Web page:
Scientific Papers

Cellular functions of spermatogonial stem cells in relation to JAK/STAT signaling pathway

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Introduction

Spermatogonial stem cells, a distinct cellular entity within the testes of male mammals, demonstrate extraordinary self-renewal and pluripotential differentiation capabilities (Lin et al., 2022; Qin et al., 2023). These cells are not only pivotal in tissue regeneration and immunomodulation but are also increasingly recognized for their prospective contributions to regenerative medicine, emerging as a novel source for stem cell therapies (Hashemi Karoii and Azizi, 2023). Recent research has evolved from focusing on the in vivo colonization, survival, and differentiation of spermatogonial stem cells post-transplantation to examining their interactions with the microenvironment and immunomodulatory roles (Hashemi Karoii and Azizi, 2023). Specifically, the regulatory dynamics between spermatogonial stem cells and their target cells within signaling pathways have garnered substantial research interest. In the realm of tissue engineering, spermatogonial stem cells are integral to tissue repair and organogenesis. Their interactions with cellular signaling pathways elucidate their functional mechanisms. Notably, the JAK-STAT (Janus kinase signal transducer and activator of transcription) signaling pathway, which is instrumental in vital cellular processes such as proliferation, maturation, and differentiation, exerts a profound influence on the functions of spermatogonial stem cells and their target cells (Shields et al., 2014; Zhang et al., 2015). This review aims to summarize the advancements in research on the JAK/STAT signaling pathway and the multifaceted cellular functions of spermatogonial stem cells, encompassing immunoregulation, tissue differentiation, homing, and microenvironmental adaptation. The findings discussed herein are intended to offer a critical reference for elucidating the signaling pathway mechanisms underlying functional changes in spermatogonial stem cells and to provide theoretical underpinnings for related preclinical studies and cellular engineering research.

Spermatogenic stem cells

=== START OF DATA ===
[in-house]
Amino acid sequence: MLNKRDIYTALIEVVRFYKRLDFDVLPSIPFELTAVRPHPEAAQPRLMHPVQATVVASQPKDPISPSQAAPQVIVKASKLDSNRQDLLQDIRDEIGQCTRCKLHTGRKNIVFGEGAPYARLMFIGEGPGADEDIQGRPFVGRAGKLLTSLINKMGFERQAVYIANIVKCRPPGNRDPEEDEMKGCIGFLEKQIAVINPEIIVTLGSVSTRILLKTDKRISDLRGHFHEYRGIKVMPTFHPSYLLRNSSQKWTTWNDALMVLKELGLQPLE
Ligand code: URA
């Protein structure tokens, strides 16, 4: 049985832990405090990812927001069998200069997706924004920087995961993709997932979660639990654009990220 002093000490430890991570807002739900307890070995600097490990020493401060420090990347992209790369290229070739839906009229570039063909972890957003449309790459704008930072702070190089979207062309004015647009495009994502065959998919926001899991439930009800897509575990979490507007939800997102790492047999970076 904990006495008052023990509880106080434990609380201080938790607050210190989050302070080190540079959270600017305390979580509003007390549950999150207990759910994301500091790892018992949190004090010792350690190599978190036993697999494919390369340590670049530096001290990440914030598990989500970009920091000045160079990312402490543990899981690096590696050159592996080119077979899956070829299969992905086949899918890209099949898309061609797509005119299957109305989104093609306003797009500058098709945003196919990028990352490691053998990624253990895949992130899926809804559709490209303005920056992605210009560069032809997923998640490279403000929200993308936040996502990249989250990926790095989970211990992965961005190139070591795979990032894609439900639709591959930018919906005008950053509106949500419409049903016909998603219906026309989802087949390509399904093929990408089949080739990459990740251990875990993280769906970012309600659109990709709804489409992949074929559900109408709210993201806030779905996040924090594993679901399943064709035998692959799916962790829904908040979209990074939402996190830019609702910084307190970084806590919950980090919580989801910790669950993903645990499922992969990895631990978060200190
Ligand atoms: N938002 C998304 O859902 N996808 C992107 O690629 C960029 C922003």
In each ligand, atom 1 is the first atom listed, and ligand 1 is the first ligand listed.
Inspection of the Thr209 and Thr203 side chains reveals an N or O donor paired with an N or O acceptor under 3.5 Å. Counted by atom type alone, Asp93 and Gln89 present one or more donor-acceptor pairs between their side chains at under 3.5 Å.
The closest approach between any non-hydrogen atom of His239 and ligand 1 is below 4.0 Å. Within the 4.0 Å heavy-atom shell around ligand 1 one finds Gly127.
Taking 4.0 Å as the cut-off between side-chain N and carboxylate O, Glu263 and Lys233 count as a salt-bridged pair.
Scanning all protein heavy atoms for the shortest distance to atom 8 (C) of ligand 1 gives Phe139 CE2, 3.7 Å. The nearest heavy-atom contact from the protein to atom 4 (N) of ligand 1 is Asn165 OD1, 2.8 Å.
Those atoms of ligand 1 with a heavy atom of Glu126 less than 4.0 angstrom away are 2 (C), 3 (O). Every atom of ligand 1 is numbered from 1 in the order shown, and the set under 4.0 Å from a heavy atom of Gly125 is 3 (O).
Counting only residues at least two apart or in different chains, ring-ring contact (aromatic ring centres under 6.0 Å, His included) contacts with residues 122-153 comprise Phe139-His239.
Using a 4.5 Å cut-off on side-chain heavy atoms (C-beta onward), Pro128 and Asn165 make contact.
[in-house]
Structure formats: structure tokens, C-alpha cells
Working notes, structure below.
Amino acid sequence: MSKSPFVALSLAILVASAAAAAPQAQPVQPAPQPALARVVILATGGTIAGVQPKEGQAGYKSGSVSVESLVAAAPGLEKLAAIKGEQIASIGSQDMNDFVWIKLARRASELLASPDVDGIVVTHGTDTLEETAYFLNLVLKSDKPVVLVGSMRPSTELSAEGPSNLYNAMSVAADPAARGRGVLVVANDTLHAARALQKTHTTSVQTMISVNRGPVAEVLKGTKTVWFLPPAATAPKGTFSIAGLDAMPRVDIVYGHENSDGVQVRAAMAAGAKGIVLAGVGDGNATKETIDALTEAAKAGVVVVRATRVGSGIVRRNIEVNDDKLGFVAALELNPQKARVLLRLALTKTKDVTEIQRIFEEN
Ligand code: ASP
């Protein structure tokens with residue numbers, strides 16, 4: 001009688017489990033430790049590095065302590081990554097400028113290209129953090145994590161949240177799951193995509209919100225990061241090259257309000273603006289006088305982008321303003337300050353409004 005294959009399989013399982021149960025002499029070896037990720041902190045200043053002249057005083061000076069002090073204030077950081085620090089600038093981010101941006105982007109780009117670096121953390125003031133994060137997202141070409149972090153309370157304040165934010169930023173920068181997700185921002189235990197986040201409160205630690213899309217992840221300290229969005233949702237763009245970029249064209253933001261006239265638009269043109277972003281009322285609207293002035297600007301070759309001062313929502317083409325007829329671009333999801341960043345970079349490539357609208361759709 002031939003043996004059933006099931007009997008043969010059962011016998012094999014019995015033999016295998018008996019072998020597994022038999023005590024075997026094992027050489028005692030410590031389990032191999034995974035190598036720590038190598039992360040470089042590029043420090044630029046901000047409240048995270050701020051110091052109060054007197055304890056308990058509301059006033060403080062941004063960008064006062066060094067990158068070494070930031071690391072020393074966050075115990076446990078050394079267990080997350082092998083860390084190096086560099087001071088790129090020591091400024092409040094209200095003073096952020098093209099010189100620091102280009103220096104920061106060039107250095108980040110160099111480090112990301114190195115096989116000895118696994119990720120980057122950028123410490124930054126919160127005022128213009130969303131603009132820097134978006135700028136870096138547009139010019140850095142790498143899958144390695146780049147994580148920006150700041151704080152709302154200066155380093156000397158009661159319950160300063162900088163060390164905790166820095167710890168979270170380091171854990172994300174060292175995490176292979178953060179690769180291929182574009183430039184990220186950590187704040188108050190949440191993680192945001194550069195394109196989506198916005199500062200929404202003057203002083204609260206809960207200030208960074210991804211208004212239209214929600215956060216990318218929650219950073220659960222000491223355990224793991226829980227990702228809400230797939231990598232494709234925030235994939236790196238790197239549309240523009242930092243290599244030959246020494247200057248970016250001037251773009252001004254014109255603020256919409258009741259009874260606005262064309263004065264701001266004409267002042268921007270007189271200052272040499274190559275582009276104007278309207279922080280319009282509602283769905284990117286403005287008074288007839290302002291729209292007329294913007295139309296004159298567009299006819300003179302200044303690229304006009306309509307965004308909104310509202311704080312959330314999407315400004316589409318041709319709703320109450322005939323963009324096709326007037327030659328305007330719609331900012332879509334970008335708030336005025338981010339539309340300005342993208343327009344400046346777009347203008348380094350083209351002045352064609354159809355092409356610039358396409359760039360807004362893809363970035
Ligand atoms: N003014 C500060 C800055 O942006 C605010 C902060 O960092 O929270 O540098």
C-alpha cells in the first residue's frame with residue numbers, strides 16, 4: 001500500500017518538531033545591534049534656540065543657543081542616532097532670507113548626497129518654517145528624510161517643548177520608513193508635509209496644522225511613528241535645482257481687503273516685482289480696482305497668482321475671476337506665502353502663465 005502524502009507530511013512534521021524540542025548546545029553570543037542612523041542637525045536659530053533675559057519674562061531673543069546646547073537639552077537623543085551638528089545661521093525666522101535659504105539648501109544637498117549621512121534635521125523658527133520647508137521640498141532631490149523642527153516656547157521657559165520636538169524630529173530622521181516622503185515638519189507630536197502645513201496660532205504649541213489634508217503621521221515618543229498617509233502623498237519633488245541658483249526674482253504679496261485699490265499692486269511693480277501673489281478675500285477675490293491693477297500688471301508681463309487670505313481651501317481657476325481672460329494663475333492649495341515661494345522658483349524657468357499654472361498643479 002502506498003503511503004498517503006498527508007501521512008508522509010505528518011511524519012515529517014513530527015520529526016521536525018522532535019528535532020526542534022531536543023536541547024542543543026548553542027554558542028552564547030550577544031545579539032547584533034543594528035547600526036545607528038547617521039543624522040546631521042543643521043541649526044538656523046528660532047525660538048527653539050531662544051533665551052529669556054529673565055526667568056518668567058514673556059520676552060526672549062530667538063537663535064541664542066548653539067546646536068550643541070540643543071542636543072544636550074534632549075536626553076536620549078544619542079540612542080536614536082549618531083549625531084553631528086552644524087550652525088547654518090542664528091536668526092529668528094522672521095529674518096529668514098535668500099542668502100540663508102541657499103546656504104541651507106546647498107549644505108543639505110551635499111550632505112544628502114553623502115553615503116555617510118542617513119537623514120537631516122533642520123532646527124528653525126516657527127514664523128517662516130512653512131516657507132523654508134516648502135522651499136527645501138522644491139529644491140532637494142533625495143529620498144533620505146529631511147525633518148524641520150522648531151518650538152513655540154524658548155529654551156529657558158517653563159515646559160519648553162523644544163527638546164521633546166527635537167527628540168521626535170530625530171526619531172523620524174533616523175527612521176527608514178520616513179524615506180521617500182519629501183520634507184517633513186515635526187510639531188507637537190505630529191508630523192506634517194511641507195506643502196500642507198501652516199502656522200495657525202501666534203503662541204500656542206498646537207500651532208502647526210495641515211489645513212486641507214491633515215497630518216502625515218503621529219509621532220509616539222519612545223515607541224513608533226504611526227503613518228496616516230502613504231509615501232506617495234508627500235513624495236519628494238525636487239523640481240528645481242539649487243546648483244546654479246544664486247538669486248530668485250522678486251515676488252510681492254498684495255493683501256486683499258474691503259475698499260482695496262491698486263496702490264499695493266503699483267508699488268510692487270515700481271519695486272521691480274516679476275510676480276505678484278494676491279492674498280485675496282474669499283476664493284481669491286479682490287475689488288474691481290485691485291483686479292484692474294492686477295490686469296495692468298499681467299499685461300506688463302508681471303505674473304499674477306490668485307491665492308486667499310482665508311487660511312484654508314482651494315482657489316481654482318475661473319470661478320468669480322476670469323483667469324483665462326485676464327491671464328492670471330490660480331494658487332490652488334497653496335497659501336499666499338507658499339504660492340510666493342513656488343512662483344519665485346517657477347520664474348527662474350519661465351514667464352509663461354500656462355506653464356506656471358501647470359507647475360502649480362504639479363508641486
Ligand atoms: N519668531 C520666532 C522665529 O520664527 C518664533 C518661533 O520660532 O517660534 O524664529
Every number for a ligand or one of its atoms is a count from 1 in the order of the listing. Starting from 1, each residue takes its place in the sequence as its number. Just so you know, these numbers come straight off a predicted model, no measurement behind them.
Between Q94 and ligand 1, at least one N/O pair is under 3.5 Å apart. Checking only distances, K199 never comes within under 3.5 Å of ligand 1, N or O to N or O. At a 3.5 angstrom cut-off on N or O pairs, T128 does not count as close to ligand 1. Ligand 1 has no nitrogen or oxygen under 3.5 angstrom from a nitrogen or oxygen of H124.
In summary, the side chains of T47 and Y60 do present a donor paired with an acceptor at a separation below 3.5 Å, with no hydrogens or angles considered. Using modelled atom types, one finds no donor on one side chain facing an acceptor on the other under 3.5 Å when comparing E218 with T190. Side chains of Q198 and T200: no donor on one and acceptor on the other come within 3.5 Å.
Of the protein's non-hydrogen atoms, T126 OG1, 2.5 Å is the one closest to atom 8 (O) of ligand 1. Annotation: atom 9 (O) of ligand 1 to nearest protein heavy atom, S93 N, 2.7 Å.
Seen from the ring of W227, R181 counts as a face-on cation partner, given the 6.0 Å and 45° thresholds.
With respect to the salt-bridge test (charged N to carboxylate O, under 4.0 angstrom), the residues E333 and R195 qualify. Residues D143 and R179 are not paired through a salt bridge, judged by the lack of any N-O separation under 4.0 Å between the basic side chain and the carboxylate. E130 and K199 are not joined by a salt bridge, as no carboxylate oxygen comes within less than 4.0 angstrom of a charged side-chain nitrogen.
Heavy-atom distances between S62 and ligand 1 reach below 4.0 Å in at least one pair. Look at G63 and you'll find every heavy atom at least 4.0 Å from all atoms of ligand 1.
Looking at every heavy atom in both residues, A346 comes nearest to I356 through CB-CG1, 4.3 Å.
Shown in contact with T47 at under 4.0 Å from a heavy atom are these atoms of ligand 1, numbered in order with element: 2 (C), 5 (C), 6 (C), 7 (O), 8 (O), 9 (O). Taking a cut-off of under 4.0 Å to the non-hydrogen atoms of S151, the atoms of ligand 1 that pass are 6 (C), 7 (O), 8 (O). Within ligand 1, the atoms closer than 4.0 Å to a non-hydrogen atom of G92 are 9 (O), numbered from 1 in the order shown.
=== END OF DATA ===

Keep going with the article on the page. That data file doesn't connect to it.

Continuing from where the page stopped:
The term “stem cell” was first coined in 1901 by Regaud, who, in his study of spermatogonia in the testes, postulated the existence of a stem cell system to replenish the plethora of differentiated cells (Regaud, 1901). Presently, it is acknowledged that multiple stem cell types exist, with adult stem cells being a prominent category. An adult stem cell, located in specific tissues, possesses the dual capacity to both proliferate, generating new stem cells, and differentiate, yielding more progenitor cells (Dym et al., 2009). Spermatogonial stem cells, a subset of adult stem cells from the testes, have the unique ability to self-renew, sustaining their population, and differentiate, giving rise to a multitude of daughter cells (de Rooij and Russell, 2000). These spermatogonia are situated at the basement membrane of the seminiferous tubules and initially exist as single cells (As). Upon division, these cells can either independently form two as spermatogonia or, by connecting through cell bridges, form two pairs of spermatogonia (Apr). Subsequently, Apr spermatogonia divide to yield pairs (Apr), which then divide to form chains of 4, 8, or 16 cells (Aal). Following approximately 6-7 mitotic divisions, these cells develop into spermatocytes, progressively migrating away from the basement membrane towards the tubular lumen, undergoing meiosis to transform into spermatids, and ultimately entering the tubular lumen. Collectively, As, Apr, and Aal spermatogonia are categorized as undifferentiated spermatogonia. Given the lack of 100% purified SSCs, the SSCs under investigation are also referred to as undifferentiated spermatogonial stem cells (de Rooij and Russell, 2000). The existence of SSCs has been acknowledged since the 1950s, although research progress was initially sluggish (Nakagawa et al., 2007). A primary reason for this was the reliance on traditional research methodologies that focused predominantly on the morphology of SSCs, rather than exploring molecular mechanisms (de Rooij and Russell, 2000). However, around 1990-2000, there was a significant paradigm shift, marking the onset of a new era in SSC research. This change was catalyzed by two pivotal technological breakthroughs: the first being the development of the testis transplantation technique by Brinster and Avarbock (1994), which spurred unprecedented advancements in SSC research (Brinster and Avarbock, 1994; Brinster and Zimmermann, 1994). The second milestone was achieved in 2003 when Kanatsu-Shinohara and his team established a protocol for the long-term in vitro culture and proliferation of SSCs (Kanatsu-Shinohara et al., 2003; Kanatsu-Shinohara et al., 2005; Kubota and Brinster, 2006). These methodologies have enabled the transformation of SSCs into pluripotent stem cells and their genetic manipulation in vitro. Recent studies report that pluripotent stem cells derived from neonatal mice, adult mice, and human testicular tissue can, in vitro, differentiate into various cell lines capable of forming teratomas upon injection into immunodeficient mice (Kanatsu-Shinohara et al., 2004; Guan et al., 2006; Conrad et al., 2008). Additionally, gene targeting and homologous recombination techniques in SSCs have led to the successful creation of knockout mice, and while knockout rats have not yet been produced, successful homologous recombination in the rat genome has been achieved (Kanatsu-Shinohara et al., 2006; Kanatsu-Shinohara et al., 2011; He et al., 2015). For the cell culture aspect of SSCs, there are quite a few experiences to learn. SSCs were isolated from the testes of C57BL/6J mice or SD rats on the 7th day after birth. Subsequently, after removal of the tunica albuginea and epididymal curvature, the seminiferous tubules were excised and flushed with Hanks balanced salt solution (HBSS). They were physically sheared and digested with a solution of DnaseI, hyaluronidase, collagenase, and trypsin using a two-step enzymatic digestion method in which the digestive enzymes included DnaseI, hyaluronidase, collagenase, and trypsin. The dissociated single cell suspension was resuspended and cultured.